eNews • April 8, 2016
Promoting a Cost-Effective, Reliable and Competitive Transportation System

Norfolk Southern urges shareholders to oppose CP proxy

Canadian Pacific filed a definitive proxy statement asking the NS board of directors to “engage in good faith discussions” with CP regarding a potential purchase that will be voted on at the annual NS shareholder meeting May 12.

Canadian Pacific Railway is continuing its dogged pursuit of acquiring number four United States railroad Norfolk Southern Corp. despite strong opposition from NS.

NS has set the date for its annual shareholder meeting for May 12 in a regulatory filing with the U.S. Securities and Exchange Commission (SEC). Also contained in the SEC filing was a letter addressed to NS employees and shareholders urging them to vote down a proxy statement from CP regarding the potential purchase.

In the letter, NS CEO Jim Squires said the company has made “substantial headway” in its five-year strategic plan announced in December to streamline operations, drive profitability, and accelerate growth. The plan, according to Squires, “balances revenue growth through pricing and volume and a variety of expense reduction and cost control initiatives.”

“We expect to achieve annual productivity savings of more than $650 million per year by 2020, growing from an initial $130 million in 2016,” he said.

“Among other actions, we announced the consolidation of our Virginia and Pocahontas divisions to form the new Pocahontas Division in Roanoke, the consolidation of three operating regions into two in order to drive down costs. These decisions have come in addition to the previous restructuring of the Triple Crown Services subsidiary, integration of the D&H South acquisition, and line and facility rationalizations,” added Squires.

NS has since last November rejected three separate cash-and-stock offers from CP valued at around $30 billion. The company has argued the NS bids were “grossly inadequate” and unlikely to win regulatory approval from the U.S. Surface Transportation Board, but CP has continued the highly publicized takeover attempt undeterred.

CP said in a recent press release it has filed the definitive proxy statement for an NS shareholder resolution to be discussed at the annual meeting. The Calgary-based railway noted the resolution does not require shareholder to vote on the merits of the acquisition itself, only to ask the NS board of directors to “engage in good faith discussions with CP regarding a business combination.”

CP said it also filed a letter to all NS shareholders about the “opportunity to create significant value” through the proposed merger.

“Employees who own NS shares should pay attention to an item that appears in the proxy statement that you will soon receive for the May 12 Annual Meeting. In connection with its unsolicited takeover campaign of NS, Canadian Pacific submitted a shareholder resolution that asks NS to engage in ‘good faith discussions’ with CP regarding a potential business combination,” Squires wrote in the letter. “The NS Board recommends that shareholders use the Company’s WHITE proxy card to vote AGAINST the CP resolution (for more information see the Statement of Opposition in the Company’s 2016 proxy statement).”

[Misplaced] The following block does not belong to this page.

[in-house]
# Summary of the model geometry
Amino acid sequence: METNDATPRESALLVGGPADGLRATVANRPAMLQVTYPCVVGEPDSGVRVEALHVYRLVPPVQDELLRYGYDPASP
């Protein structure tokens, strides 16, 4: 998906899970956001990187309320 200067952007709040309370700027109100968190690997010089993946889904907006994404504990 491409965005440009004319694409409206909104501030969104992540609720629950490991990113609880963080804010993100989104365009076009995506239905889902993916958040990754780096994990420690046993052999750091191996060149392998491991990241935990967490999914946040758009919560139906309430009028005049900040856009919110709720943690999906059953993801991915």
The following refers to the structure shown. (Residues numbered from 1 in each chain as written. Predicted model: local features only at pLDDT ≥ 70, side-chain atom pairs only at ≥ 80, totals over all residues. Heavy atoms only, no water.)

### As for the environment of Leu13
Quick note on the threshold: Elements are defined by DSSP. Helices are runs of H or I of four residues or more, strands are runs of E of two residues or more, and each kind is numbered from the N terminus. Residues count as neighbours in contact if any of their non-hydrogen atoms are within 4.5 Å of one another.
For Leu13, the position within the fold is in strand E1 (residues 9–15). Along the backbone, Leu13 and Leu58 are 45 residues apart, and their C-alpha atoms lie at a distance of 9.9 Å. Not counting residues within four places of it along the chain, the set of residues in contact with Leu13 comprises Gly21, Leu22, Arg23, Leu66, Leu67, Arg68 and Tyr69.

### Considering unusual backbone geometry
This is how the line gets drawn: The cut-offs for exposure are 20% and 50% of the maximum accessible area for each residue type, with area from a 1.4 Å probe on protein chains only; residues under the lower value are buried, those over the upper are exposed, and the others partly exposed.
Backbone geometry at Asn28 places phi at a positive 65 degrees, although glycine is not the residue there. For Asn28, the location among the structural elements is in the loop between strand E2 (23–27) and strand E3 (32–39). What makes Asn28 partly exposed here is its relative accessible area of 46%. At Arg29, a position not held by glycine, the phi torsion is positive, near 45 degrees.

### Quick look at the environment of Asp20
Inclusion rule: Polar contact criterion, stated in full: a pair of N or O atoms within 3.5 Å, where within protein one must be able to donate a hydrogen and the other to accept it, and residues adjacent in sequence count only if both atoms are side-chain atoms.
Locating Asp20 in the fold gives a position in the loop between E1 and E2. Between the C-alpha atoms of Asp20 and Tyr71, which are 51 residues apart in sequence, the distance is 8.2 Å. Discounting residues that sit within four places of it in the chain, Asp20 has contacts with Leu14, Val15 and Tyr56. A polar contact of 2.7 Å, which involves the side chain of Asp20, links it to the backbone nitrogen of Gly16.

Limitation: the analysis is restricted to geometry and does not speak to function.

For its part, CP said that in filing its own definitive proxy statement on March 28, NS stated, “[The] Shareholder Proposal from Canadian Pacific is Unnecessary Because Norfolk Southern Would Have Discussions with CP if it Obtains a Declaratory Order and States a Willingness to Meaningfully Increase its Offer.”

“CP has consistently stated that we are open to discussing all terms of a potential deal, including price, but we can't negotiate with ourselves,” said CP CEO E. Hunter Harrison. “Given we have also asked the Surface Transportation Board for a declaratory order on the voting trust model we were pleased to hear that Norfolk Southern may now be willing to engage in direct face-to-face discussions.”

CP said it has “demonstrated from the beginning that it is flexible on price, having improved its offer twice already, and shown flexibility on the structure of a potential combination, offering a voting trust structure as the quickest way for NS shareholders to receive consideration for their shares,” adding that the voting trust is not a condition to its offer.

“NS shareholders have been telling CP from the beginning that their own board should, at the very least, talk to CP about a potential combination,” the railway said.

“The NS board has refused to meet with us in the past, which ultimately led to our shareholder resolution,” added Harrison. “While we remain open to meeting with them anytime and anywhere, we are putting the question to the shareholders of NS so they can finally be heard.”

Source: American Shipper


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